Europeans have flocked to cities but what remains of the villages they left behind? In Spain, we meet the folk fighting to resurrect forgotten communities.
All is quiet in the village of Used in Spain’s northeastern Aragón region. That is, apart from the voices coming from behind some old, loosely chained wooden doors. A staircase leads to an attic where apprentices are shoving their hands into a bucket of viscous grey matter. The substance is gypsum and the assembled architects, engineers, artists and rural homeowners are here for a three-day plastering workshop.
The aim of this get-together, run by the non-profit Asociación Fuset, is to teach traditional building techniques. But there’s also a much larger objective. If people could appreciate the cultural heritage of buildings in Spain’s countryside – and learn how to restore them – maybe more would take a punt on buying one. In turn, they would be doing their part to halt rural population decline and even create new jobs. “People don’t always know how to value what they have,” says Miriam Estella, a workshop attendee who has been fighting a house demolition in the nearby village of Montón.
Used native and association co-founder Alberto Sánchez, who bought a house here in 2017, puts it another way: “These homes have something intangible that you cannot purchase,” he says. “They have an intrinsic value.” Both he and fellow founder Guillermo Bosque, a Bilbao transplant who arrived in 2021, have been using their historically rich but dilapidated homes as architectural guinea pigs ever since. Today is Bosque’s turn to host.
Driving here from Madrid takes a little less than three hours. Past the city of Guadalajara, after an initially slow ascent, the countryside flattens out into a vast sun-beaten plain known as the Meseta. Passing cars are rare and the only activity is the occasional combine harvester kicking up dust as it crosses golden fields of wheat. Small villages with open-air pelota courts and medieval churches break up the monotony, while derelict stone buildings on their outskirts point to more affluent times. Wind turbines fleck the horizon.
This is the heartland of what is known as España Vaciada (“Emptied Spain”), a reference to rural depopulation that has left many villages struggling. It’s a term on the lips of politicians from Andalucía to Extremadura, scrawled on the banners of social movements and fed through TV news anchors’ teleprompters. It has been given fresh emphasis as people reassess their lives after the pandemic.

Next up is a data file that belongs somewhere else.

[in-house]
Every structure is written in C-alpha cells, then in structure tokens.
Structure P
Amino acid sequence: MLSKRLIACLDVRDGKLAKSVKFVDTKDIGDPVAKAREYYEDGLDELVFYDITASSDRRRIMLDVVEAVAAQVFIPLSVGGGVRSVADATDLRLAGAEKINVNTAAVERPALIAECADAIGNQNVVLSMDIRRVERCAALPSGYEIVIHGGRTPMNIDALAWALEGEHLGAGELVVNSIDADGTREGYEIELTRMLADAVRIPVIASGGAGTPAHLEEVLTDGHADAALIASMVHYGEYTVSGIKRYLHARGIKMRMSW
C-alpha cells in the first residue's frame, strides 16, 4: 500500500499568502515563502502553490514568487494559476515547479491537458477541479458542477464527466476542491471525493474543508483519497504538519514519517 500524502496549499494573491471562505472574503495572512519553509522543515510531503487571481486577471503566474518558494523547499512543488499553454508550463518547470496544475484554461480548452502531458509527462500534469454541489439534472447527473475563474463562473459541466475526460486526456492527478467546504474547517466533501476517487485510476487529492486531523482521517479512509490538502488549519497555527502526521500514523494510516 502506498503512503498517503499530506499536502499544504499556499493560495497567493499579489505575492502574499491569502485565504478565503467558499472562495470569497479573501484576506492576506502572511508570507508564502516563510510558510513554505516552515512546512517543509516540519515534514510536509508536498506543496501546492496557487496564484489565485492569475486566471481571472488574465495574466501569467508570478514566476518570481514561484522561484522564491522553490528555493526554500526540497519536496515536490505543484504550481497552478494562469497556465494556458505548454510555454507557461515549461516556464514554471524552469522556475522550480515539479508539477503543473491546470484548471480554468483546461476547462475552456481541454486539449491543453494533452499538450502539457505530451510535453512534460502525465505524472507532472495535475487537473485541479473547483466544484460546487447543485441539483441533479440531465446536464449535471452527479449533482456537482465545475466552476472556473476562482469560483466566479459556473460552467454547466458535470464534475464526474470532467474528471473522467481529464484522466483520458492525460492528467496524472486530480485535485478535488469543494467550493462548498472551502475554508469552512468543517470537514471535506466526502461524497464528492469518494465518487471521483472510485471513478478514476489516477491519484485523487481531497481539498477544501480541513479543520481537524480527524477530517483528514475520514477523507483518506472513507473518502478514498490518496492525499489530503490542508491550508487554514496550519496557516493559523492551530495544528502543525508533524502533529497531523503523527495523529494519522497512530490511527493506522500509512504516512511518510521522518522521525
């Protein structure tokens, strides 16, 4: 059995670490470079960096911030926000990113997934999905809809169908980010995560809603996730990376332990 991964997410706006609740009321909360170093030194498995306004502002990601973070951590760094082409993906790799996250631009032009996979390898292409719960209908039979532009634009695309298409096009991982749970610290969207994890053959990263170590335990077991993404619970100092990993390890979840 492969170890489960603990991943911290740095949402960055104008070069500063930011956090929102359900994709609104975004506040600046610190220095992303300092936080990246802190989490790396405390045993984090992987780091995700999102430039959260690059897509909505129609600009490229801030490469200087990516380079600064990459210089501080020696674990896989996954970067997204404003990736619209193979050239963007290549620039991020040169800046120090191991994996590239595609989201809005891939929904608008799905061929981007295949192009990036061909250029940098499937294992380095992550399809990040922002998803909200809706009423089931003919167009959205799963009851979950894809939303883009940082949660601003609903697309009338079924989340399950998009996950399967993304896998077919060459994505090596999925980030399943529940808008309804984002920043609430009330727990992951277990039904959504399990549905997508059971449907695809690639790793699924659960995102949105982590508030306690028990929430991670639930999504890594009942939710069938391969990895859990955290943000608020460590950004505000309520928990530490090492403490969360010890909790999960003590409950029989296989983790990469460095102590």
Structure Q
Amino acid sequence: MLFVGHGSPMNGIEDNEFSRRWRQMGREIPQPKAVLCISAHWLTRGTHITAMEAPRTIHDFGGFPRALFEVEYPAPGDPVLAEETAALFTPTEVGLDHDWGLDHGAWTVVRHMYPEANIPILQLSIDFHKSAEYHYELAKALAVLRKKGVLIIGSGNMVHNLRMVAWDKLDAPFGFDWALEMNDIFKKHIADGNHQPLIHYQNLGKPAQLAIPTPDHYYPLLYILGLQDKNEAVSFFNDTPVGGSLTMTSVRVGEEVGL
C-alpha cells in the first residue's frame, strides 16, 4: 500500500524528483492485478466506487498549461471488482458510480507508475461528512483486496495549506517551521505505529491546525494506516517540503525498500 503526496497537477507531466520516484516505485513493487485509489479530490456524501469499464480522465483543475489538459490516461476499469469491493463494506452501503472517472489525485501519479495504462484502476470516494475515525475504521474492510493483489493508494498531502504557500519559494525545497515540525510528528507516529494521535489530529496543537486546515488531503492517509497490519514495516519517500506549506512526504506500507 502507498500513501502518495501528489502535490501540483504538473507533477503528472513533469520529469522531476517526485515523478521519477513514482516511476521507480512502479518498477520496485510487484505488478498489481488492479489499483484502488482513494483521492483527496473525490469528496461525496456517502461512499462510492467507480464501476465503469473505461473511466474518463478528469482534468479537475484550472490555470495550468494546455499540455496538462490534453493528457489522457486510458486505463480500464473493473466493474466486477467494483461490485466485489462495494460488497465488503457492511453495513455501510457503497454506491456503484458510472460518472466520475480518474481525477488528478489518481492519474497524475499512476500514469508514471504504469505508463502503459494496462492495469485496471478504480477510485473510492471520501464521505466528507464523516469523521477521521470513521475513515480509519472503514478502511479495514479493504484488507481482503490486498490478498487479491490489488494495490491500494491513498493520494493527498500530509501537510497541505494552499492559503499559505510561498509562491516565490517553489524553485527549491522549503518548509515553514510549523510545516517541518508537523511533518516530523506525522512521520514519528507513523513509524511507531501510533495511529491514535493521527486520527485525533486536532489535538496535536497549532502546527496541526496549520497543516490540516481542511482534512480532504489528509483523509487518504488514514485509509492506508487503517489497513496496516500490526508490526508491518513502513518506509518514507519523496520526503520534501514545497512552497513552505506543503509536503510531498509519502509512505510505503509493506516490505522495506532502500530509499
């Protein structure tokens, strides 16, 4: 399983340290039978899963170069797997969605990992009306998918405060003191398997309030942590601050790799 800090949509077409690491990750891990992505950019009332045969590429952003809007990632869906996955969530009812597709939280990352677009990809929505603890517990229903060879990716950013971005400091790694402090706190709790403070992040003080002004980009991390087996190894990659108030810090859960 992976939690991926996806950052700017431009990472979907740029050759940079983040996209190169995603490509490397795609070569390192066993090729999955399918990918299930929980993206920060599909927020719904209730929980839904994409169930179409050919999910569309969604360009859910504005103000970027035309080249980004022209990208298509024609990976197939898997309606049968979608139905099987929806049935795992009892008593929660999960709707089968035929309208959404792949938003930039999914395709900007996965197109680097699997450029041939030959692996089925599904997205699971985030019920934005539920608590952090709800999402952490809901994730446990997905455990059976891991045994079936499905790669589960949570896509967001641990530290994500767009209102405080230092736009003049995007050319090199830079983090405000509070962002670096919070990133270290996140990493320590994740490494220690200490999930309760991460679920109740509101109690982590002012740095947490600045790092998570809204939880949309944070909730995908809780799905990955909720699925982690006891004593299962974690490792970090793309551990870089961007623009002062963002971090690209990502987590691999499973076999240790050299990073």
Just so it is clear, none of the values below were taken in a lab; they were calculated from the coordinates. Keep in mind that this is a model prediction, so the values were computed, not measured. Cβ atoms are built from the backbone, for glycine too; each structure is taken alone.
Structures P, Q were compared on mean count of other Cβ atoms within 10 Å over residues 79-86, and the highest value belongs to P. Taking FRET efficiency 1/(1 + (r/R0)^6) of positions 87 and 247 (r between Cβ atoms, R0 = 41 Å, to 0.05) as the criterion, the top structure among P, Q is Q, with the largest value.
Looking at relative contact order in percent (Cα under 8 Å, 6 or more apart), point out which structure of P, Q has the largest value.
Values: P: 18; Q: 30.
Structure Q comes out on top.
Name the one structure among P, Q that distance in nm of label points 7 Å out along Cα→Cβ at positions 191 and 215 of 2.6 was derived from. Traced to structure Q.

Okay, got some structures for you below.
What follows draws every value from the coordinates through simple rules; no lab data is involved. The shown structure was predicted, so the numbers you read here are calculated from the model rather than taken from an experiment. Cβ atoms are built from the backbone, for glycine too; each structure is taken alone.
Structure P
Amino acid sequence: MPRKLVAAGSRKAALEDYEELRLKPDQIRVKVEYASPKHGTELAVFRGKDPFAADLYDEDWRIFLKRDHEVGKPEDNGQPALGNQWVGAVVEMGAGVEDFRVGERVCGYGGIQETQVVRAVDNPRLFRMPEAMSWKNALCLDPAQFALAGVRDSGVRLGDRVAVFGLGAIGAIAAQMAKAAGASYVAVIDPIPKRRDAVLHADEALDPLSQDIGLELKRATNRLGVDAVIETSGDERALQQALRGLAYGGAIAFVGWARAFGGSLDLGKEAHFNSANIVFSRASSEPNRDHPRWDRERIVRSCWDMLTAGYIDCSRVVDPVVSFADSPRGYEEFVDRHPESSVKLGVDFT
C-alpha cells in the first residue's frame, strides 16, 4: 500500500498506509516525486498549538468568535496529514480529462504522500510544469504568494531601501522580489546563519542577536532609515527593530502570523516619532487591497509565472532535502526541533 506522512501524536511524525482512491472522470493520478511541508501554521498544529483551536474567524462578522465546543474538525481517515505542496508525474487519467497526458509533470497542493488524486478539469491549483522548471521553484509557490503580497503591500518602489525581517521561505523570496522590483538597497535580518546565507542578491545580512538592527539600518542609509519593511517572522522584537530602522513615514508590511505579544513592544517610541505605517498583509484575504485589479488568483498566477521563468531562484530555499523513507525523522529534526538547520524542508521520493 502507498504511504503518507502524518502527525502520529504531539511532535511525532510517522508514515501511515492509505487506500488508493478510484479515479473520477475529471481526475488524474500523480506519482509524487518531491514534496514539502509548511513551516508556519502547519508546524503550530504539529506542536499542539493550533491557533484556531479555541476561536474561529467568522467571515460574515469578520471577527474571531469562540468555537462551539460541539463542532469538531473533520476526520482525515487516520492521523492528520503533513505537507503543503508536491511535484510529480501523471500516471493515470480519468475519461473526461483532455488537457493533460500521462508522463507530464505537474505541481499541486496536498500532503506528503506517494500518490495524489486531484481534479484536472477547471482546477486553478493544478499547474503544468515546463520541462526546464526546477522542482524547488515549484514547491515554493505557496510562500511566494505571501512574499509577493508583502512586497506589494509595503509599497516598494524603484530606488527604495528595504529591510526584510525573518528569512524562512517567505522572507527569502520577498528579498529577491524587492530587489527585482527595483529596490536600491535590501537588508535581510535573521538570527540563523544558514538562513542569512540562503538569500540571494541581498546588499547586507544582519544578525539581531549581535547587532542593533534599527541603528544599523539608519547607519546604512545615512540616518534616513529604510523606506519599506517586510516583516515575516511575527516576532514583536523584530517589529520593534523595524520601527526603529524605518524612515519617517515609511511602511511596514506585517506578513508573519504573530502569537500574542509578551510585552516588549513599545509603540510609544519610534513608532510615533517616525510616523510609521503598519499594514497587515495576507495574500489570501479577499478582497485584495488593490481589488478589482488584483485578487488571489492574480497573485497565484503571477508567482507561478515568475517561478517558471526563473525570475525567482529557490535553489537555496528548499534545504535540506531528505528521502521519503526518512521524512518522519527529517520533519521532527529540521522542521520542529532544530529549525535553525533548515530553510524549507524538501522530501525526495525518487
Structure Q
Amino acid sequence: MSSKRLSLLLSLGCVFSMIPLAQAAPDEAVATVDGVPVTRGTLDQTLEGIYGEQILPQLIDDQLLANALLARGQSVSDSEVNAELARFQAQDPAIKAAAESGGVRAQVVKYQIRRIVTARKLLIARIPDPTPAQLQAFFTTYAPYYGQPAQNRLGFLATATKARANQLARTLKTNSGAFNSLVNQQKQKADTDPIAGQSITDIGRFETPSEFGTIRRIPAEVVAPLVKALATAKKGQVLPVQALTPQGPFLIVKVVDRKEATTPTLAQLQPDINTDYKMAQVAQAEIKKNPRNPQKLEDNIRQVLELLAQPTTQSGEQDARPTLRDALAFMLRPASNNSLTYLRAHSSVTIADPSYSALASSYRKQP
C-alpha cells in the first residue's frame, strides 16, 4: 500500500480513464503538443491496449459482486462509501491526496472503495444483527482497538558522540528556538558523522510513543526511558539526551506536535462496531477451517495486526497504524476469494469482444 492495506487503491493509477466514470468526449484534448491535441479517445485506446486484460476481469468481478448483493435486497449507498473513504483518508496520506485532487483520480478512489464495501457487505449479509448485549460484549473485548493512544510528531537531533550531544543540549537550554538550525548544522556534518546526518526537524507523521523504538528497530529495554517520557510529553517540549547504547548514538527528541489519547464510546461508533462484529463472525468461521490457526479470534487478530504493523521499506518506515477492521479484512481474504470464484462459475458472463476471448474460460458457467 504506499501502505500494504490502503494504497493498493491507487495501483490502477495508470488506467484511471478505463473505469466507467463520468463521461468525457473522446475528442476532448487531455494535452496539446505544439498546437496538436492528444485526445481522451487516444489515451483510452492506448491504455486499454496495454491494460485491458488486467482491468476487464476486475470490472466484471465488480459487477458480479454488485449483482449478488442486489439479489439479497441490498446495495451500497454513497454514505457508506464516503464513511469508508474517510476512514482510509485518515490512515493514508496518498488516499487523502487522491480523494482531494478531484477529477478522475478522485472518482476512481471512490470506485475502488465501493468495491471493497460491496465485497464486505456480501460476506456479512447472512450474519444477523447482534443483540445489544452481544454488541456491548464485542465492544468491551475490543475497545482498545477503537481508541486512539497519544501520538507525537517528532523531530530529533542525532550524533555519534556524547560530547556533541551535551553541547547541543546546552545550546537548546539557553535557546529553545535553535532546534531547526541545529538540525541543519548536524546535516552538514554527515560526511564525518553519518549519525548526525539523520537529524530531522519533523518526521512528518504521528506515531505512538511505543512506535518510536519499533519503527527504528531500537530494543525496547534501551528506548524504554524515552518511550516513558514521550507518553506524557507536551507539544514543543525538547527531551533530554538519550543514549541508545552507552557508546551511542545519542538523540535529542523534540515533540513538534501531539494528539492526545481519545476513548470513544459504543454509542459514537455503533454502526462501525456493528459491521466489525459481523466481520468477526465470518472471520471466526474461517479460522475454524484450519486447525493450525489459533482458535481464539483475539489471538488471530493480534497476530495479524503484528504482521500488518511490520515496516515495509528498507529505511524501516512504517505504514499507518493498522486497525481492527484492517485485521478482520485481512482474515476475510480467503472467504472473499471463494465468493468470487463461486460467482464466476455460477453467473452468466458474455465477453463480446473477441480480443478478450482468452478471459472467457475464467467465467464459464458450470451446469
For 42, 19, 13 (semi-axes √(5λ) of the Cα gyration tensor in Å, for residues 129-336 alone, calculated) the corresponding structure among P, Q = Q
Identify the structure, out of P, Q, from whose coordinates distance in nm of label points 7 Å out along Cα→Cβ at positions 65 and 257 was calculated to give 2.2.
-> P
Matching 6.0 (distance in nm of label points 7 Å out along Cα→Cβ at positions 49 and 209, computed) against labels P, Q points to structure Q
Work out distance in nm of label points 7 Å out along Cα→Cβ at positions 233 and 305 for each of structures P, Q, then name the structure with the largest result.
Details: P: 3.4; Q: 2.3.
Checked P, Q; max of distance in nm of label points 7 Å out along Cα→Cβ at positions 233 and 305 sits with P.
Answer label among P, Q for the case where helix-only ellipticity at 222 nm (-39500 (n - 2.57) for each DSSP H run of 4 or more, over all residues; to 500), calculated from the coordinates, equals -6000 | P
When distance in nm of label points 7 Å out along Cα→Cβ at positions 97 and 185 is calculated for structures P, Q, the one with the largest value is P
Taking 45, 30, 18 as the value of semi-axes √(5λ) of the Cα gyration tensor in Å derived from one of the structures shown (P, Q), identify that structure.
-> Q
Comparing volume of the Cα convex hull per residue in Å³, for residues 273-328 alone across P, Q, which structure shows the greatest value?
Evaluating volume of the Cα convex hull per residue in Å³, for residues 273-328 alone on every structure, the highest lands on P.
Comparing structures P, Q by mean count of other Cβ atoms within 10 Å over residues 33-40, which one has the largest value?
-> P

Over the course of five days, Monocle crossed northern Spain from east to west, from arable stretches of Aragón to the more northern European feeling villages and forests of Galicia. None of these places are more than two hours’ drive from major cities such as Madrid, Zaragoza, Barcelona or Vigo, and yet they’re some of the most “emptied” parts of the country.
1. Used, Aragón
2. Oliete, Aragón
3. Torralba de Ribota, Aragón
4. Fuentelfresno, Castilla y León
5. Soria, Castilla y León
6. Covarrubias, Castilla y León
7. Lugo, Galicia
8. Muimenta, Galicia
Used now has just 271 residents; in 1940 its population was 1,508. Lately, the pace of depopulation has slowed but the trend continues: between 2010 and 2019, 6,232 of Spain’s 8,131 municipalities decreased in population. About half of them are what the EU refers to as at “demographic risk”, meaning that their populations are set to decline beyond the point of no return due to an ageing population and low birth rates. Of course, Spain’s problems aren’t unique – other southern European nations, most notably Italy, are experiencing this too. Stories of Italian houses being sold for €1 have been tabloid fodder for some time, while a 2020 study by The Lancet predicted that both countries’ populations are likely to halve by 2100. The EU’s contracting population is also leading to a flurry of Brussels-produced planning papers and existential questions about the continent’s diminished global position.
But Spain’s problem has a particular cultural resonance. Starting in 1939 and lasting for more than three decades, the dictatorship of General Franco focused on economic development that favoured Spain’s cities. During the second half of the 20th century, the country lost about 40 per cent of its rural population as part of a massive exodus to urban centres. And yet, while driving more than 2,000km across the regions of Aragón, Castilla y León and Galicia, monocle encounters plenty of people who aren’t prepared to sit back and accept that the countryside has no future. Some have a frontier bravado, seeing themselves as repobladores (“repopulators”).